I agree with you that besides the big battles of WW2 there were many armed resistance heroic actions that deserve to be known better.
Like the big battles, the annihilation of the Jews of Europe dominated the collective memory as a major chapters of WW2. The resistance of the Jews and their contribution to the war effort against the Nazis are not well known enough.
To avoid resistance, the Nazis organized the extermination in such a way that people were not aware that they are going to be murdered. When the first rumors about the gas chambers reached the ghettos, people could not believe and did not want to believe them.It will forever remain a mystery to me how: when from the killing fields all over Poland (cf. Ordinary Men by Christopher Browning, for example), to the Einsatzgruppen and Teilkommando, to Dirlewanger, the gas vans/chambers etc etc.; that how the Jews to be 'liquidated' were almost peacefully led to the pits of Babi Yar, or into the more 'humane' factories of death - why did they not resist?
The cynic might possibly say, look at the Warsaw Uprising, the Soviets stopped their offensive into the Polish capital for the duration of said hostilities. Would this betray a deeper, meaner streak on the Continent? I've read this summation (book or article??) and it kind of stuck with me, and I've not been able to eek out an answer from any of the serious literature on the subject I've read. It is also why I think the Warsaw Uprising should be studied and given a higher profile, akin to the massive and titanic battles fought in that War.
What do you all think? (hope this is not off-topic)
It took time for the resistance to organize, and it was quite impossible to carry for those who were imprisoned in the ghettos or deported to the camps with their children and/or old parents.
But the Jewish resistance deserves to be better known.
Besides the Warsaw ghetto, armed revolts occurred in a dozen of other ghettos in Poland. Here is their list: http://en.wikipedia.org/wiki/Ghetto_uprising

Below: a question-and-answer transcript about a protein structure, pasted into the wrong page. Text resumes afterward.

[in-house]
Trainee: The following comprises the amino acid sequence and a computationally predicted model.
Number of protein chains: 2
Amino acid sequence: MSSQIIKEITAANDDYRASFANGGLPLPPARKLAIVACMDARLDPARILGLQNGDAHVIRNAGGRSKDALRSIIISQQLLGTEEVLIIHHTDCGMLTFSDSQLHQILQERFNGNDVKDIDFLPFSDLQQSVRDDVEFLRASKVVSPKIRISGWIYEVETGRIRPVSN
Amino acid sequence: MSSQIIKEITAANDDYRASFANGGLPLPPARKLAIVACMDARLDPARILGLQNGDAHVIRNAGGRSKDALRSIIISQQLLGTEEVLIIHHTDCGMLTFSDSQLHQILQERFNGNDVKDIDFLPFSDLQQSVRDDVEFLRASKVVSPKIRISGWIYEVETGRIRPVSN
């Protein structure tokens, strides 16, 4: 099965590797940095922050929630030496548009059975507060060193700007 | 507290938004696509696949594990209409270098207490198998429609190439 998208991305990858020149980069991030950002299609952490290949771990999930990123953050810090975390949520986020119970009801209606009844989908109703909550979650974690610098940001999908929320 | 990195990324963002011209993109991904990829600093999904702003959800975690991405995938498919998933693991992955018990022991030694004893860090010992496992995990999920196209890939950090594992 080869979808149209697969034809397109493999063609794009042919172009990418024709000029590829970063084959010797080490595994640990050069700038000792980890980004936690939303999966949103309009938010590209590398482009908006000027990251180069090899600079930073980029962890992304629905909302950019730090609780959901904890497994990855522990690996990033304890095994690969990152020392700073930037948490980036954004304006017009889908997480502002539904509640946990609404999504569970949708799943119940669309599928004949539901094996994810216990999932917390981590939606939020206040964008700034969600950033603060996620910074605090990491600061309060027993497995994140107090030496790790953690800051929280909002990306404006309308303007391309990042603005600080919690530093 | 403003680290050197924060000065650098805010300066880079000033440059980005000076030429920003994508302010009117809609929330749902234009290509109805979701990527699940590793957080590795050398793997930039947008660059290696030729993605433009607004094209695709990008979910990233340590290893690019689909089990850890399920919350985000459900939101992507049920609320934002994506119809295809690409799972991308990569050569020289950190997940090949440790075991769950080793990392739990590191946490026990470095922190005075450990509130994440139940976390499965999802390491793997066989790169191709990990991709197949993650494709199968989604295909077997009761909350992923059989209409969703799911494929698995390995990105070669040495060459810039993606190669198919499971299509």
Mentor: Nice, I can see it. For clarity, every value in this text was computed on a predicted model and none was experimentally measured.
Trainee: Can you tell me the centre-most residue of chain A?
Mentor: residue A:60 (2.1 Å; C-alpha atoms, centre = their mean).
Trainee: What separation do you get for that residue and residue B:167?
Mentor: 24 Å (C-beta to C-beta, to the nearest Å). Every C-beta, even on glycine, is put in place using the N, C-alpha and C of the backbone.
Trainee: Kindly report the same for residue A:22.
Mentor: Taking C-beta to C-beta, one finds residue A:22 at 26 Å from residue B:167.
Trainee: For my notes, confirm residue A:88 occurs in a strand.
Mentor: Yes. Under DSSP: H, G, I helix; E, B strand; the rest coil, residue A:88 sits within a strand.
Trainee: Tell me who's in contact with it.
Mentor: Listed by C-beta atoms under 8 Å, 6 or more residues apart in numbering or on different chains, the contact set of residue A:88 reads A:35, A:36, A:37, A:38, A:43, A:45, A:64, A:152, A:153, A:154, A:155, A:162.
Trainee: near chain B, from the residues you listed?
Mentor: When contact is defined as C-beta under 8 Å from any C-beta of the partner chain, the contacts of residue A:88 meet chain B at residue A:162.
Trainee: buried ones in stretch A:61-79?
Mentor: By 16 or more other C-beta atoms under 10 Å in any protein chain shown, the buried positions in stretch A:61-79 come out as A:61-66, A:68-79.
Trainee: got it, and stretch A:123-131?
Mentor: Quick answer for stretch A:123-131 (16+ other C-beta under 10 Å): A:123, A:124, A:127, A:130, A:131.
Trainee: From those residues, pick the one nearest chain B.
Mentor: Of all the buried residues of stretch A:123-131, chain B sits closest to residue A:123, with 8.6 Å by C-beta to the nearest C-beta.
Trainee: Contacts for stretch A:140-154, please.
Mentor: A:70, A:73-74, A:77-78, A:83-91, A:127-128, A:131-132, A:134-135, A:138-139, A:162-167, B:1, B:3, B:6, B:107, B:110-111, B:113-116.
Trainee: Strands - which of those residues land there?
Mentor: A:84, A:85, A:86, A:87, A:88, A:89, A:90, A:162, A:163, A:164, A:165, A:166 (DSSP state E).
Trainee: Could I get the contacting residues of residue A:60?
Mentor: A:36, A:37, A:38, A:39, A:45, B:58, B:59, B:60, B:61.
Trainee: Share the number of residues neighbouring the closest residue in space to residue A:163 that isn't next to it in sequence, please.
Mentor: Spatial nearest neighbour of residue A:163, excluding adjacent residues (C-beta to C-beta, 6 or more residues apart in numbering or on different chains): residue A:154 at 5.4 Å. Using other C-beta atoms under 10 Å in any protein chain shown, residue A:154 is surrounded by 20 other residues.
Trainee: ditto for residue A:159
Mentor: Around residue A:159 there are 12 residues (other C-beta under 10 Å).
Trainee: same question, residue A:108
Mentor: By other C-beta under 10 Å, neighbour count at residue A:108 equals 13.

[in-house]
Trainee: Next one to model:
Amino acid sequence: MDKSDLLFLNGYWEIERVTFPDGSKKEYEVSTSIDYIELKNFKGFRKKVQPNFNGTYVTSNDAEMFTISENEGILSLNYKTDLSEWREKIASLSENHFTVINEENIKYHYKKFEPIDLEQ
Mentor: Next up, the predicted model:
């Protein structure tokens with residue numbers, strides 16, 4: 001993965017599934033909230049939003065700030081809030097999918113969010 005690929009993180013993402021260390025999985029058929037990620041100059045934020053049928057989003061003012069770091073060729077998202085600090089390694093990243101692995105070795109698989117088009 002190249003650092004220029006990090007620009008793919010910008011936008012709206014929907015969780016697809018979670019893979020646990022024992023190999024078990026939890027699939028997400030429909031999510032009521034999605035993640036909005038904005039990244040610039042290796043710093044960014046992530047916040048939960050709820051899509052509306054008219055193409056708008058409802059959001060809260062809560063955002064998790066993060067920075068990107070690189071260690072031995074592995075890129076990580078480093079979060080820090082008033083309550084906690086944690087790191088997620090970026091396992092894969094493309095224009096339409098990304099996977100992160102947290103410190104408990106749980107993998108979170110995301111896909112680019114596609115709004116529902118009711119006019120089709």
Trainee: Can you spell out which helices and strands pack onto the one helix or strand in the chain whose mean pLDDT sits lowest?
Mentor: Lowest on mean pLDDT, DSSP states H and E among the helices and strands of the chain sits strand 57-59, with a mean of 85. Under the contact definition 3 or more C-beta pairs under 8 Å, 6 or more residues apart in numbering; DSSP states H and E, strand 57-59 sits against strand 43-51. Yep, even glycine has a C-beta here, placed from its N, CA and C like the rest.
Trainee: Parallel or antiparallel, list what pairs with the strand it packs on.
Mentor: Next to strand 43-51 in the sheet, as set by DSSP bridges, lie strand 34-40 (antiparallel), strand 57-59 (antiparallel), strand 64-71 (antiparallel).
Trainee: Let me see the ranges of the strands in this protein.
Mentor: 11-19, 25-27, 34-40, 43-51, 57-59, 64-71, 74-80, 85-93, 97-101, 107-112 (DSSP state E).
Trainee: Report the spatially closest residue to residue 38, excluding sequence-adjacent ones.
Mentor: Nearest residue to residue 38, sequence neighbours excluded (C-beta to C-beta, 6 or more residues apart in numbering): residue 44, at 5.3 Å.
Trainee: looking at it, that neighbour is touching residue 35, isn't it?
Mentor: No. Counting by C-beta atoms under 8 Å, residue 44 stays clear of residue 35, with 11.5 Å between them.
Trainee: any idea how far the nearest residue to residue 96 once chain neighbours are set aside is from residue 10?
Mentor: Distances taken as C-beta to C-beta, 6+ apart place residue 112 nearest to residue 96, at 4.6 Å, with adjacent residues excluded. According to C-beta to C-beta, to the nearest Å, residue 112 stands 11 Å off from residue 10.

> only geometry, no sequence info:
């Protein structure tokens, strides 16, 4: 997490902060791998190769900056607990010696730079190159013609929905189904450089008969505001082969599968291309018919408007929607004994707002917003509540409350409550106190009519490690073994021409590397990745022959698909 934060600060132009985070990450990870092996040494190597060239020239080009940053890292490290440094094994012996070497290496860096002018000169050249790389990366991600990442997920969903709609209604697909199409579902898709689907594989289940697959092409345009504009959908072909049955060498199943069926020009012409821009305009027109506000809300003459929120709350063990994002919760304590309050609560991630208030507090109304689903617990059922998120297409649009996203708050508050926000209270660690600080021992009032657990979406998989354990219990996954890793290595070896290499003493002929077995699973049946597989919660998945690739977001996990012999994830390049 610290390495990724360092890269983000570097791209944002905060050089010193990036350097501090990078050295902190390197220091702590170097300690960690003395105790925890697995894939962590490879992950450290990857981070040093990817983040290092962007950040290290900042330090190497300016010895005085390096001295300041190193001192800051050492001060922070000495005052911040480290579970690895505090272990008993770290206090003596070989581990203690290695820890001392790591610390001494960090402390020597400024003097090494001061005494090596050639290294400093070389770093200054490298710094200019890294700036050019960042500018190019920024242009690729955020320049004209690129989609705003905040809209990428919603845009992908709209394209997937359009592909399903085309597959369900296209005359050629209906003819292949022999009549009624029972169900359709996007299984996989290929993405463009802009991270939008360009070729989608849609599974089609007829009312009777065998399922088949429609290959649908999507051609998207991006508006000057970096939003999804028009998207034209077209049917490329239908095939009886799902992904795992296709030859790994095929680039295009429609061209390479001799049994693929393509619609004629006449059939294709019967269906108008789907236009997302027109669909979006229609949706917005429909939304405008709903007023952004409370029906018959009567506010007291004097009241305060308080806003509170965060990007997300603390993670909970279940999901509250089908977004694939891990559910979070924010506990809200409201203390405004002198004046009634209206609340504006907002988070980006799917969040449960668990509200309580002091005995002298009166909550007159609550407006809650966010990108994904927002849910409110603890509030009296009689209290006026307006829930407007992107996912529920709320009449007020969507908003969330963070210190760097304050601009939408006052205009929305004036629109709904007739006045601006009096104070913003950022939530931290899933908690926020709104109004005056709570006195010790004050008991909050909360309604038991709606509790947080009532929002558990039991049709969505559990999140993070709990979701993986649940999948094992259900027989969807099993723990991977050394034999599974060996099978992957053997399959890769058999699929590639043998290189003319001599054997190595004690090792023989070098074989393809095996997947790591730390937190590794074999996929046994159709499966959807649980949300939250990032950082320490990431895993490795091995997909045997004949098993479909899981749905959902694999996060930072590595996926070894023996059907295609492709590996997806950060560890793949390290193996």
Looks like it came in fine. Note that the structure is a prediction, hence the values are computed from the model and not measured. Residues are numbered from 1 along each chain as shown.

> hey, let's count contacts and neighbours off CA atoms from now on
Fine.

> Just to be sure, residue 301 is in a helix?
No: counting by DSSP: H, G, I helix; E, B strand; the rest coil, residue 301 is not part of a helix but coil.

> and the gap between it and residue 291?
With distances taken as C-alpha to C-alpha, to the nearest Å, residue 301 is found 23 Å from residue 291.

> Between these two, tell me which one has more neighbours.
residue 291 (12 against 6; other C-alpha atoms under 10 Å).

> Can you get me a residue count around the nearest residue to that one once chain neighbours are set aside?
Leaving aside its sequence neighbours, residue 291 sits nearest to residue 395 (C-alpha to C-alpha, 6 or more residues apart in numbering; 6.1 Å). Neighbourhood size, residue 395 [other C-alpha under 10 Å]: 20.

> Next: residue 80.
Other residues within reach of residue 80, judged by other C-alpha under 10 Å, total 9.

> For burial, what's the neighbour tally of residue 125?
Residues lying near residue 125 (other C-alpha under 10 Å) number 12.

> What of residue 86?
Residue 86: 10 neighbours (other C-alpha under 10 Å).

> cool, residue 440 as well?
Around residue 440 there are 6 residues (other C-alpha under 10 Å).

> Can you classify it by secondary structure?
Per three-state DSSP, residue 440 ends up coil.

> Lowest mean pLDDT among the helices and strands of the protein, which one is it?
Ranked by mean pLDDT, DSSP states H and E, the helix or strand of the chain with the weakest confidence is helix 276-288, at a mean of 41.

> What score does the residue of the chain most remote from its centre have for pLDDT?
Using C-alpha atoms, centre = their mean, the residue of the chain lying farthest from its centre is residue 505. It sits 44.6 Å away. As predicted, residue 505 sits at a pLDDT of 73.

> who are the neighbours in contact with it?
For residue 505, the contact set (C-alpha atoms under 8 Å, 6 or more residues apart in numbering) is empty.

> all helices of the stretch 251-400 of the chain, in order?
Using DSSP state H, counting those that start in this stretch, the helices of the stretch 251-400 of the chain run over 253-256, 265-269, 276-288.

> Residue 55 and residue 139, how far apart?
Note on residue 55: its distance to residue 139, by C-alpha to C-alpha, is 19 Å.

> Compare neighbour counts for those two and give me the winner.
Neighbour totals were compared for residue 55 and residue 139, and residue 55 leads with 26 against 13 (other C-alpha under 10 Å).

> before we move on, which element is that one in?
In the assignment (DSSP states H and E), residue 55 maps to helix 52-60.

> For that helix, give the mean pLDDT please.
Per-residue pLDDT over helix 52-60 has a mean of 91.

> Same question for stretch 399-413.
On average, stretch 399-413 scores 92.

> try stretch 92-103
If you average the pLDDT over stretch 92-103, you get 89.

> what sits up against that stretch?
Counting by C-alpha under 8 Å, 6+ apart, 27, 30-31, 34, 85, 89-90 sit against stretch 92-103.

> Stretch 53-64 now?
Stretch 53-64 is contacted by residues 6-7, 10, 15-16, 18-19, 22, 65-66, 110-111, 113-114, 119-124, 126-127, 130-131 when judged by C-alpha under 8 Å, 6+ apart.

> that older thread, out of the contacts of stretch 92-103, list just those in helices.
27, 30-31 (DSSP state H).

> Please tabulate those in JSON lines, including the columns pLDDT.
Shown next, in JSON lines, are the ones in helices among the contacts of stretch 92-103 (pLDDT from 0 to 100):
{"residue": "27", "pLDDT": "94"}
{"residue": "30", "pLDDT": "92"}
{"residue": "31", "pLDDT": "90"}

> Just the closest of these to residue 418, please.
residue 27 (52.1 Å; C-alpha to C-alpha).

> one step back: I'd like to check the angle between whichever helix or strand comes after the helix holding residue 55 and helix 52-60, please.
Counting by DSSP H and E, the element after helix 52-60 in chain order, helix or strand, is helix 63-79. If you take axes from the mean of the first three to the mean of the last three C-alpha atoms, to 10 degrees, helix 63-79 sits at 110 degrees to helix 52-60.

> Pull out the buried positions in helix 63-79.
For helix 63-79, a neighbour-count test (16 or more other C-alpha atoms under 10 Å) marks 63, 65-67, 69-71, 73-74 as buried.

Revolts occurred also in the death camps. The prisoners of Sobibor and Treblinka successfully revolted in 1943. As a result, Himmler closed these two camps.
The Sondercommandos revolted in Auschwitz-Bierkenau in 1944 and succeeded to blow up the Crematorium 4 with explosives that were smuggled inside the camp.
(There's a great book about the revolt of Treblinka that I recommend to those who read French: http://www.babelio.com/livres/Steine...mination/36211)
The Jews resisted also by joining resistance movements and partisans units. There were Jewish partisans units in Poland and in Russia. Many Polish Jews enlisted to the Red Army.
Some 1.5 millions Jews fought in the armies of the allies and in the underground resistance and partisans units. About 250,000 Jews were KIAs.
Estimated numbers of Jews who fought in the allies armies:
http://www.yadlashiryon.com/show_ite...50&itemId=2033The estimated numbers of Jewish men and women who fought in the ranks of the various armies are:
USA 550 000 Australia 3 900 Israel (Jewish Volunteers) 30 000 Britain 62 000 USSR 500 000 Yugoslavia 6000 (over 4000 in the Partisan army) Greece 13 000 Poland 122 000 Czechoslovakia 5 500 France 35 000 Canada 17 000 South Africa 10 000
There are no facts and estimates on the number of Jews in the Belgian, Dutch, and New Zealandarmies. A careful estimate puts the number of Jewish partisans in the occupied parts of the USSR at 20 000 - 25 000, and in the other European countries at another 10 000, including the anti-Nazi underground.
30,000 Jews from Palestine volunteered to the British army. A part of these volunteers enlisted to the Jewish Brigade that fought in North Africa and Italy.
All this is little known as the collective contagiousness focussed on the Shoah. (The cornerstone for a Museum about the Jewish Fighters in WW2 was laid this year in Latrun. Its construction will end within few years.)